As our society changes, so too do those societies sending the most migrants to the United States. Nowhere is this more apparent than in Mexico. Over the last decade Mexico has provided nearly a third of all migrants and over half of undocumented workers to the United States. Yet the demographic factors feeding this Northern migration are rapidly changing. With births nearly equal to U.S. rates, Mexico is now an aging society. While nearly one million Mexicans entered the workforce each year during the last decade, in the next two decades this number will halve to 500,000. This means a reduced supply of new workers for the domestic labor market, as well as a smaller base of potential migrants going forward.

This demographic shift in Mexico, also occurring to a lesser extent in Central America, will fundamentally alter the nature of migration flows. Migration from these Latin American countries will continue, but the high tide is receding. This shift will affect not just the origin of future migrants, but also their entry path. Future migration will increasingly come from other countries and through other ports of entry, lessening pressures on our Southern border. In fact right now, less than half of undocumented workers sneak over the border -- a reality largely forgotten in current discussions of immigration and national security.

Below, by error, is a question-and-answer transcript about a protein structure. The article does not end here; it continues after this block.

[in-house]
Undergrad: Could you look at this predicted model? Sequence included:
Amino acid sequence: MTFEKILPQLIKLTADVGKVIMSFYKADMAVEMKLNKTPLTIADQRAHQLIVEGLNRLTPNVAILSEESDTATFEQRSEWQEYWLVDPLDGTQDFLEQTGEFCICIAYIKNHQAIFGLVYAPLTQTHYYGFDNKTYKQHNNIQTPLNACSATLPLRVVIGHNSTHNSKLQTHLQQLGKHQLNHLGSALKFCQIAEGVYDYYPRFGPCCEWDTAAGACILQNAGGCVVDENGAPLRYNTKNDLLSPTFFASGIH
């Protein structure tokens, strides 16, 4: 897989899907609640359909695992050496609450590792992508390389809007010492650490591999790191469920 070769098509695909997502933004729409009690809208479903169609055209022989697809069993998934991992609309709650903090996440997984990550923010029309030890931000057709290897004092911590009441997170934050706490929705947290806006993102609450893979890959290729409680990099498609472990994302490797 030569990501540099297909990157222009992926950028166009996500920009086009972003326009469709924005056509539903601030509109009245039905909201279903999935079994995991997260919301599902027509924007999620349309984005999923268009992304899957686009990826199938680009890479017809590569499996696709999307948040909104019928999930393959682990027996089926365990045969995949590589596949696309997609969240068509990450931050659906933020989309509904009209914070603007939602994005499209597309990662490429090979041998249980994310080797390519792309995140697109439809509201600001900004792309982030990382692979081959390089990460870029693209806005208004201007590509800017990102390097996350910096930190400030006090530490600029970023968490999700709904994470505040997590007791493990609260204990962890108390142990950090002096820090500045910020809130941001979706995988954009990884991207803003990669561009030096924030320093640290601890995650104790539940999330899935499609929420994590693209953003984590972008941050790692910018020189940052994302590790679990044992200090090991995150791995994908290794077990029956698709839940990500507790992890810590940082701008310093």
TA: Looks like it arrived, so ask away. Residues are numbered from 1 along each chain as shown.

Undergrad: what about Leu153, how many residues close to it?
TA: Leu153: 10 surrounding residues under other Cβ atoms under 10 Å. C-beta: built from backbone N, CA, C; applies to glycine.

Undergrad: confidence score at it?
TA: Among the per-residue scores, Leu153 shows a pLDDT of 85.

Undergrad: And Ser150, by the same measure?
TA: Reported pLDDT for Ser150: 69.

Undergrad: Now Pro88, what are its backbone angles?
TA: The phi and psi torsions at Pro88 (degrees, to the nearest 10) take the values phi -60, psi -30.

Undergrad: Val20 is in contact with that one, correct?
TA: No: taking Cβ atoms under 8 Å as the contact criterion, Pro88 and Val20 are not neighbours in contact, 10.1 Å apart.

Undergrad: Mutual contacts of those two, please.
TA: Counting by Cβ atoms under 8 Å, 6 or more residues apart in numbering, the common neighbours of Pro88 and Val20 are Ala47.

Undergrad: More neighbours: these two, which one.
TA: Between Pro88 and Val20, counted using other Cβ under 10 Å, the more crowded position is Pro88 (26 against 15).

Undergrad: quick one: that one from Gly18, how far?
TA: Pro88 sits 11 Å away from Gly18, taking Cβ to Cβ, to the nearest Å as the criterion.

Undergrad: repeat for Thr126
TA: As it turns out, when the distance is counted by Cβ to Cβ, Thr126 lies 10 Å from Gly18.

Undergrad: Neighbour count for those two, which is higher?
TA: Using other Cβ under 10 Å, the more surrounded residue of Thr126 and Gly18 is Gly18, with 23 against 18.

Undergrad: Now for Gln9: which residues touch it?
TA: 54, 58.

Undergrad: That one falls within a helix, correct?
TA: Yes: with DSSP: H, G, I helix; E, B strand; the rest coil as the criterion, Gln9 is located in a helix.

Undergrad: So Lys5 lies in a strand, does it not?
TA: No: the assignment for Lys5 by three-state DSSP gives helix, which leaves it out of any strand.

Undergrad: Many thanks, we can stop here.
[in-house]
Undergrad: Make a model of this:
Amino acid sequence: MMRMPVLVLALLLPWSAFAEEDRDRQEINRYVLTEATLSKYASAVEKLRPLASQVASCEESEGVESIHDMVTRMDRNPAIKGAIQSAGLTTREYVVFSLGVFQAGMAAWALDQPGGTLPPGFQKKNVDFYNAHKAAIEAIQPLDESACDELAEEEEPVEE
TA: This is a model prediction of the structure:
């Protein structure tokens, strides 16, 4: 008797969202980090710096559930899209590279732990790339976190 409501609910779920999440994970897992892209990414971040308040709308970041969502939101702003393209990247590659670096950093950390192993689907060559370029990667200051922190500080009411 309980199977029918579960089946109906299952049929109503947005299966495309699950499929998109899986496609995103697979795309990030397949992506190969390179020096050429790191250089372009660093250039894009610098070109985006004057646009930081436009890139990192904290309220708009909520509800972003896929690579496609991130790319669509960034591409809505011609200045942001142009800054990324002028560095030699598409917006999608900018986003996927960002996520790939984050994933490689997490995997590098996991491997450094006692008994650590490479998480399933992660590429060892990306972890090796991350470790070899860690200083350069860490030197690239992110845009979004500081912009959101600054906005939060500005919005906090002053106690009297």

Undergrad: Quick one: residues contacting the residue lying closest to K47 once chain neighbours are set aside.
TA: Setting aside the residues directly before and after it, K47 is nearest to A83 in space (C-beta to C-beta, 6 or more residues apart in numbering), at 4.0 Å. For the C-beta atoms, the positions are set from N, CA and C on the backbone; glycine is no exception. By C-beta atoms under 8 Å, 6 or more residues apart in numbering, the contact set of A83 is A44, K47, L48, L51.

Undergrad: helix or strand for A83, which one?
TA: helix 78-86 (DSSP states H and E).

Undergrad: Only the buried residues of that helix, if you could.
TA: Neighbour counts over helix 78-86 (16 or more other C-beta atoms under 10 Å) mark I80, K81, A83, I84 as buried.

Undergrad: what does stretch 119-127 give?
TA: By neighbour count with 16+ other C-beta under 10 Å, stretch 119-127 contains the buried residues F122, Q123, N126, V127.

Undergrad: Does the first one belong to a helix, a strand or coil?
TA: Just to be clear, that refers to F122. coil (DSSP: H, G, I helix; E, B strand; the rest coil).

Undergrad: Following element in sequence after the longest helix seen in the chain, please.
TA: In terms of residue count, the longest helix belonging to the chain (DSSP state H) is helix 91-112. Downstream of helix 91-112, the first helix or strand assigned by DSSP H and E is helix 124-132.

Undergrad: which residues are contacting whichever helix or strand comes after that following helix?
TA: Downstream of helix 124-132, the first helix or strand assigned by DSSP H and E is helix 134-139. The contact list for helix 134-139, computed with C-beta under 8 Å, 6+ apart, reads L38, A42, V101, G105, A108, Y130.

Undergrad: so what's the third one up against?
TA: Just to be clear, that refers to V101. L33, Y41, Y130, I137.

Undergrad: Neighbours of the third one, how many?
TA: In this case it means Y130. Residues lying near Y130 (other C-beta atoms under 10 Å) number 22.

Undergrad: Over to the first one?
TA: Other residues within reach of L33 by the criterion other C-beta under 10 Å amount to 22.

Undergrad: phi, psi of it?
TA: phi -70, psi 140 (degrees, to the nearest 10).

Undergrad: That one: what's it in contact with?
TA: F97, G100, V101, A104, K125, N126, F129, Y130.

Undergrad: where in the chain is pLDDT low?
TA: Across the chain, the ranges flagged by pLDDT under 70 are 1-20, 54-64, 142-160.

The current bill will address the presence of millions of undocumented workers -- no small feat. Yet without consideration of these underlying structural issues, the fundamental goals of immigration reform will remain elusive. The USCIS will be unable to process the requisite number of visas in a timely and orderly manner, leading to confusion, frustration and continued illegality. The ability to meet labor demands in the face of demographic changes will be limited, exacerbated by a guest worker program without any path to permanent residence and a point system that likely will not take into account actual labor needs.

Immigration debates need to encompass these crucial issues. More attention to functioning bureaucracies and less attention to walls will better address current policy failures. Rather than once-and-for-all ultimatums, we should recognize what we don't and can't know -- namely the future needs of a growing and incredibly dynamic U.S. labor market.

We have an opportunity to create a new, modern immigration system that will continue to be, as it historically has been, an engine for America's growth and prosperity. Yet to do this we need to move beyond temporary problems, however important they may be, to address the underlying structure of the system, enabling a flexible and secure labor supply for our future in the global economy.

Shannon O'Neil is a Fellow for Latin American Studies at the Council on Foreign Relations.


© 2007 The Washington Post Company